Boat Race Day: plus ça change…

A Victorian print of Boat Race Day spectators with the punning title, “A run on the banks”.

4 April 2017

Tim Koch compares and contrasts:

In rowing, Jean-Baptiste Alphonse Karr’s epigram, plus ça change, plus c’est la même chose (usually translated as the more things change, the more they stay the same) can most famously be applied to both Henley Royal Regatta and The Oxford-Cambridge Boat Race. Following Sunday’s annual battle between the two shades of blue, I have assembled a collection of pictures to illustrate the fact that, while since the first race in 1829, the contest has constantly changed to reflect evolving economic, social and sporting conditions, those many Old Blues who have gone before would not have found the events of 2 April 2017 entirely unrecognisable. First though, an explanation.

A lot of long, detailed and informed written reports would have come out of the press boat in 1881.

It is not my custom to produce a report of the races held on Boat Race Day. In the past, I have always claimed that this is because there are real rowing journalists who can do this job much better than I. No doubt these people do still exist – though seemingly not as far as what Chris Dodd has called ‘their football-obsessed sports editors’ are concerned. We at ‘Hear The Boat Sing’ are very happy that Chris has written his 2017 report for us – but we would prefer that it was a national daily that published it, not just HTBS. I have not yet ventured out to see what the printed press had produced, but their online offerings (which, understandably, are often a much reduced edit of the ink version) are pretty sparse, but I suppose that they are the best that current newspaper policies and sub-editors will allow. Rachel Quarrell wrote in the Daily Telegraph on the women’s race and Jim White did their report on the men’s race. In the Guardian, the coverage was by Barry Glendenning. As usual, the online Daily Mail’s story is only worth looking at because it has a large number of nice high resolution pictures while another ‘tabloid’, the Daily Mirror, finds a ‘lost medal’ angle to make boring old rowing more interesting. If you wish to make your own mind up, both the men’s race I and the women’s race are on YouTube. If you want to see more decent rowing pieces in the online versions of mainstream newspapers, read Rachel Quarrell’s plea to post comments on those that do appear. My experience of the 2017 Boat Race Day, plus a full report on last Saturday’s Oxford-Cambridge Veterans’ Race, will appear during this week.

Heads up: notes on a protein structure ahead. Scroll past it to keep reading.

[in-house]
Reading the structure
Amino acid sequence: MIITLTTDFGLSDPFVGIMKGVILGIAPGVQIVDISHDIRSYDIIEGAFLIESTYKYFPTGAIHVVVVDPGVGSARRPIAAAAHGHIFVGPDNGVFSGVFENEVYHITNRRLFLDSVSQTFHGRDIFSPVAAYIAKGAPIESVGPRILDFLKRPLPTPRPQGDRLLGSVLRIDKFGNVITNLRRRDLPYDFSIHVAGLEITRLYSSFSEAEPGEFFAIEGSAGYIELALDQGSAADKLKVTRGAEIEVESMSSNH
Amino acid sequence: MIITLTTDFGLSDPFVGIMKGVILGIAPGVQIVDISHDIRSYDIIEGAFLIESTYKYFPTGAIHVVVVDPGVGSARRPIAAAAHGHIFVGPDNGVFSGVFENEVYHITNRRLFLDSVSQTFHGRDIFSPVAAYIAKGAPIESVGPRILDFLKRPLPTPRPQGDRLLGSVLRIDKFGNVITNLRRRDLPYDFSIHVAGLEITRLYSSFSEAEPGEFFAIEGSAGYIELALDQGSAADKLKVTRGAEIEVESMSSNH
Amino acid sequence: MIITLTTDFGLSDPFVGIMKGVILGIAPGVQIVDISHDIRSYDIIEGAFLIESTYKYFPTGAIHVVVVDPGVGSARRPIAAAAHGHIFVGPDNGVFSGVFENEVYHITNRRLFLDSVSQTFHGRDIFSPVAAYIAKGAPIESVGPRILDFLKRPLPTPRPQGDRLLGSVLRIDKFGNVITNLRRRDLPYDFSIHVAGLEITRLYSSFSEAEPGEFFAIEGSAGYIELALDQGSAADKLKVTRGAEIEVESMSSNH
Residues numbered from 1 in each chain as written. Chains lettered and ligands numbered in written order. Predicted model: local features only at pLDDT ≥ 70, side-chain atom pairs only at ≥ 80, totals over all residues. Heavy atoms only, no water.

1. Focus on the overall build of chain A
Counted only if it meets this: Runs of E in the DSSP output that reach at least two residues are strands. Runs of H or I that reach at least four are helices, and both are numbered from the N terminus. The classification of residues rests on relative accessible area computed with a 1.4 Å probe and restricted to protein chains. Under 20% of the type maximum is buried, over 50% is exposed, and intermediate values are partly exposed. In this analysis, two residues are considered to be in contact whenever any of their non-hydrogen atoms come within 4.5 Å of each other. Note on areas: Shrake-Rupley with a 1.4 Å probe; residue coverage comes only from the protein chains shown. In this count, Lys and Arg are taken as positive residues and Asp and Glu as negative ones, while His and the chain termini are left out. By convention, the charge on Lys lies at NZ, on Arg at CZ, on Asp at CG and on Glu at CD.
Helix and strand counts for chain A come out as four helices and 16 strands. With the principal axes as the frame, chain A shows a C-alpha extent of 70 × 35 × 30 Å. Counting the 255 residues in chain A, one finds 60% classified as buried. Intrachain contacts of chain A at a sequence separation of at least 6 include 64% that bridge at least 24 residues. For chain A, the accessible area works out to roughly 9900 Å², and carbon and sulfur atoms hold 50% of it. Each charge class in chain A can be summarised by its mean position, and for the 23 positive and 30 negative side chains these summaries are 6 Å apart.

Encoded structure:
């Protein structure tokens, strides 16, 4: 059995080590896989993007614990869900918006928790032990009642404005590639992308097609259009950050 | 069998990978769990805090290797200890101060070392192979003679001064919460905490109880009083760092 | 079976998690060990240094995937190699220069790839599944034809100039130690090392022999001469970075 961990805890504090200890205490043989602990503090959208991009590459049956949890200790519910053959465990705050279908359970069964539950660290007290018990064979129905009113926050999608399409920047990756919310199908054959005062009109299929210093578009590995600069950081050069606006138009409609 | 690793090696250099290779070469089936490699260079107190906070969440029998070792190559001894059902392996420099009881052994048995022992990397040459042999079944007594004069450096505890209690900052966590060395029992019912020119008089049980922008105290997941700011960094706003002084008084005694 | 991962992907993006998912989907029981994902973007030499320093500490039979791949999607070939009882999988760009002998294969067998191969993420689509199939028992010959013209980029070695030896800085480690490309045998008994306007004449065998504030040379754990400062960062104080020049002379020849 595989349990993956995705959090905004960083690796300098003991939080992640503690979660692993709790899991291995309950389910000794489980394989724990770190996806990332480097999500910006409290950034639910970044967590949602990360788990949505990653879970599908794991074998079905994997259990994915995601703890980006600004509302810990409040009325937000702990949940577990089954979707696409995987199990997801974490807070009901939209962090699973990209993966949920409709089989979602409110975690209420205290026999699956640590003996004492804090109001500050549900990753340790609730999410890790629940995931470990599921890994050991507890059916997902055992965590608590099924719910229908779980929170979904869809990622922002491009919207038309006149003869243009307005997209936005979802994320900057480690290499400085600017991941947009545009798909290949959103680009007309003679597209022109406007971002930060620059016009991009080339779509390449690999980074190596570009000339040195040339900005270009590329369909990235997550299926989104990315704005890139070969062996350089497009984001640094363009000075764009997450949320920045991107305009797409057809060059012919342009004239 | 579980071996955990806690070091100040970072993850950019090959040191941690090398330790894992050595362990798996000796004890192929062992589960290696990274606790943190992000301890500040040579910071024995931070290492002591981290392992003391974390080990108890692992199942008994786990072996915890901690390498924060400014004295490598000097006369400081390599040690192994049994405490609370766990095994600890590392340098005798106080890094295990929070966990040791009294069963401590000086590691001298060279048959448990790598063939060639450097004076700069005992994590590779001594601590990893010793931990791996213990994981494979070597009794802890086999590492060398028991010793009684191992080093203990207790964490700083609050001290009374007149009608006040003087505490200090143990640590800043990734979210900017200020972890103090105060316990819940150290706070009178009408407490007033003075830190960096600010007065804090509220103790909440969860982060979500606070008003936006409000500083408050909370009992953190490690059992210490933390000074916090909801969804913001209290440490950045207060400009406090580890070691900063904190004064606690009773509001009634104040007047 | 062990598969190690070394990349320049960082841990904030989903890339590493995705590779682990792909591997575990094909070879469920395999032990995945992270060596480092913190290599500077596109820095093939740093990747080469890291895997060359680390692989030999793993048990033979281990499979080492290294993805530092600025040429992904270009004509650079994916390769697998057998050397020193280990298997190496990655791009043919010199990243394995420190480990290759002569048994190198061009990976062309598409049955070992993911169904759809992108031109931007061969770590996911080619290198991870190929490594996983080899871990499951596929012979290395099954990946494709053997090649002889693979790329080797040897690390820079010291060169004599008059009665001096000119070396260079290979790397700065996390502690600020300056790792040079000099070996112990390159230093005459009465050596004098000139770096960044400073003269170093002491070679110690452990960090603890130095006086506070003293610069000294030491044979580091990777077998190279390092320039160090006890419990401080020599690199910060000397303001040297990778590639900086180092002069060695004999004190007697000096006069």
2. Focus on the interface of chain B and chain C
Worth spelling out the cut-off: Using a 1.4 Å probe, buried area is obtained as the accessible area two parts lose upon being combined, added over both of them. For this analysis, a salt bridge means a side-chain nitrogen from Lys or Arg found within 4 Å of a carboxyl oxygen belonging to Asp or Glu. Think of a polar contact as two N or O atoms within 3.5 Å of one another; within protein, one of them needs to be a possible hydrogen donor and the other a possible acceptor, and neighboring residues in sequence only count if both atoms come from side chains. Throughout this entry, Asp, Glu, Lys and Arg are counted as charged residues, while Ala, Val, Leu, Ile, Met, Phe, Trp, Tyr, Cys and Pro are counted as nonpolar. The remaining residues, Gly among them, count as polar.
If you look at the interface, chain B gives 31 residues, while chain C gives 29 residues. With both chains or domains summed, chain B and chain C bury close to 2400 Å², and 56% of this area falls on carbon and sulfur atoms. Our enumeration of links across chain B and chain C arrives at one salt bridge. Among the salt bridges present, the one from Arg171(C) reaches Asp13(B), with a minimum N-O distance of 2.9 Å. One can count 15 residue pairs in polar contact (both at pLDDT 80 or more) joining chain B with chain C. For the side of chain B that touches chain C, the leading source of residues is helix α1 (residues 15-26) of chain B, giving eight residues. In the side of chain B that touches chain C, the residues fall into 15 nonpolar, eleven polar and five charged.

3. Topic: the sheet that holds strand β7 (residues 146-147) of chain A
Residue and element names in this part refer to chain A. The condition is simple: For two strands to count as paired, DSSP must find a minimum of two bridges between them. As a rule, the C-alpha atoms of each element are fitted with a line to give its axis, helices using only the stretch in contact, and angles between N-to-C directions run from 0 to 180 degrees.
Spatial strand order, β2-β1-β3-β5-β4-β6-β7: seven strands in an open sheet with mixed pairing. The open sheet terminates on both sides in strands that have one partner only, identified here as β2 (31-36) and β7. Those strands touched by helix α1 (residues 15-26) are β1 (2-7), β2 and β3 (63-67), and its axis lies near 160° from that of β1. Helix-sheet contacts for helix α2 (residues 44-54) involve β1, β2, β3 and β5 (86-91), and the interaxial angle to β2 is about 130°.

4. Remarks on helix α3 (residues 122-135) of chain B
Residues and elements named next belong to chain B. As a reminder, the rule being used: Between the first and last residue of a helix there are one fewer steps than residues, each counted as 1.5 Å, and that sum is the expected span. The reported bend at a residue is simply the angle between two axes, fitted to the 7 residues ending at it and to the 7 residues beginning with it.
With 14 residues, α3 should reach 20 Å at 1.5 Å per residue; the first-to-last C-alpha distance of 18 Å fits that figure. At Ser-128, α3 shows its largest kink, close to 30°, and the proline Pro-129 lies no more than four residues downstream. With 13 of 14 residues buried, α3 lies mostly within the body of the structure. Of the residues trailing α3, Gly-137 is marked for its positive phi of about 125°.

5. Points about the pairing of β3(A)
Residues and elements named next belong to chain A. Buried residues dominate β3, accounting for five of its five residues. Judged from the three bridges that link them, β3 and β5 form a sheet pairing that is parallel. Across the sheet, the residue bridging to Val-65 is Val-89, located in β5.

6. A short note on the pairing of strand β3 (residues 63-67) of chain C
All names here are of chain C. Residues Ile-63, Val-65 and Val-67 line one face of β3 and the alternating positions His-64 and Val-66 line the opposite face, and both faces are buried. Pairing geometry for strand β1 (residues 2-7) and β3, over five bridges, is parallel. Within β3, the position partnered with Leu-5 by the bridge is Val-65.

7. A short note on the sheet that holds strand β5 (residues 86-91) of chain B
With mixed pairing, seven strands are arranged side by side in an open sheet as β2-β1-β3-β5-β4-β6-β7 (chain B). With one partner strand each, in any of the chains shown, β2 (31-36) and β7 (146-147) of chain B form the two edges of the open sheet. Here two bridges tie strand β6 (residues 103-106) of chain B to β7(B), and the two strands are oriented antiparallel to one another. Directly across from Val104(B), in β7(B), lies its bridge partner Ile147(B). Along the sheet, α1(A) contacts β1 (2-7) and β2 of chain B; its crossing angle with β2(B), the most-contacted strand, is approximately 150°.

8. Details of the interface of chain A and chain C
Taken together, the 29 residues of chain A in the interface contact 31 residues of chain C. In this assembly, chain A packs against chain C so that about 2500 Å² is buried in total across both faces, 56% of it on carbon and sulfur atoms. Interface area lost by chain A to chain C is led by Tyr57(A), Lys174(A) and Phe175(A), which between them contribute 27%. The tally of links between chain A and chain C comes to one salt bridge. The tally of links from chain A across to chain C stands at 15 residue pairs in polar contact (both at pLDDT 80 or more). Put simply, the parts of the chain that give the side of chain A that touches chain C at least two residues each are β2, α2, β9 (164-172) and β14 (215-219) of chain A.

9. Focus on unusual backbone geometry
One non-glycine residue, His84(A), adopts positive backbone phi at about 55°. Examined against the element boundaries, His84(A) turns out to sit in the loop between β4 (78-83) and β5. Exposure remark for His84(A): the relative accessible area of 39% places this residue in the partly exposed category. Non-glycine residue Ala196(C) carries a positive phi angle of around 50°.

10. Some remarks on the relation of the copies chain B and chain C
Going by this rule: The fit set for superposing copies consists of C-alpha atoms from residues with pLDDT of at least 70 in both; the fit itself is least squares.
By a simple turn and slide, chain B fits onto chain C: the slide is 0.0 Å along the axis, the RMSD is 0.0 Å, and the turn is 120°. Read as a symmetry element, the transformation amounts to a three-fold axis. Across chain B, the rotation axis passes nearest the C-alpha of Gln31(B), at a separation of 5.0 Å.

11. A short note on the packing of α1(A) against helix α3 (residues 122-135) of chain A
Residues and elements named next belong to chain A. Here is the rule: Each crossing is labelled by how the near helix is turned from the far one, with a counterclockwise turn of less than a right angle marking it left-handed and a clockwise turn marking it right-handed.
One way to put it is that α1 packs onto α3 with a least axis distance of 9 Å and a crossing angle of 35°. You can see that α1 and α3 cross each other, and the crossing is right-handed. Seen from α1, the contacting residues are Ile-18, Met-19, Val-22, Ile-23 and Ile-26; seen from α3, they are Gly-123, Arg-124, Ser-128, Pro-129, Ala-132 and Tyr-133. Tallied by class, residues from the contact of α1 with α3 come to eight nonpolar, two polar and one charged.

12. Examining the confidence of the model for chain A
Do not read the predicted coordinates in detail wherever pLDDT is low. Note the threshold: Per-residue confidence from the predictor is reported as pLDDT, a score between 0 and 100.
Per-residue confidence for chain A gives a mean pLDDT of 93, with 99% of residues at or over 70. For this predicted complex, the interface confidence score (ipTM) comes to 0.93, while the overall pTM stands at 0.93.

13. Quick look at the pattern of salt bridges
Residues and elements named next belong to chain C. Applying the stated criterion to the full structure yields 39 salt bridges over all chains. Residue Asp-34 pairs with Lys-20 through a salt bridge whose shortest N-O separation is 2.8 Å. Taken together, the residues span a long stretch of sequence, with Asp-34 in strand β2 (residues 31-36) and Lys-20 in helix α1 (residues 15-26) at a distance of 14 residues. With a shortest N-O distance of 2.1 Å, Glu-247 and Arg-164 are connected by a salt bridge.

Back to plus ça change…

1939: Oxford cox, Massey, and stroke, Bingham.
2017: Oxford cox, Shearer, and stroke, Cameron.
1926: Cambridge.
2017: Cambridge (and reserves, Blondie).
1910: Oxford from above.
2017: Oxford reserves, Isis, from above.
1911: Cambridge carry their boat in the old style.
2017: Blondie carry their boat in the modern style.
1877: Cambridge in natty kit.
2017: Goldie, Cambridge reserves, in colourful kit.
1909: Oxford on Putney Embankment.
2017: Oxford on Putney Embankment.
1931: The coin toss for stations.
2017: The coin toss for stations.
1937: Boat Race crowds on Lower Mall, Hammersmith.
2011: Boat Race crowds on Lower Mall, Hammersmith.
1867: “The Finish of the Oxford-Cambridge Boat Race at Mortlake” by James Baylis Allan.
2017. “The Finish of the Oxford-Cambridge Boat Race at Mortlake” by Tim Koch.
1882: A manly handshake for a winner.
2017: A manhug for a winner.

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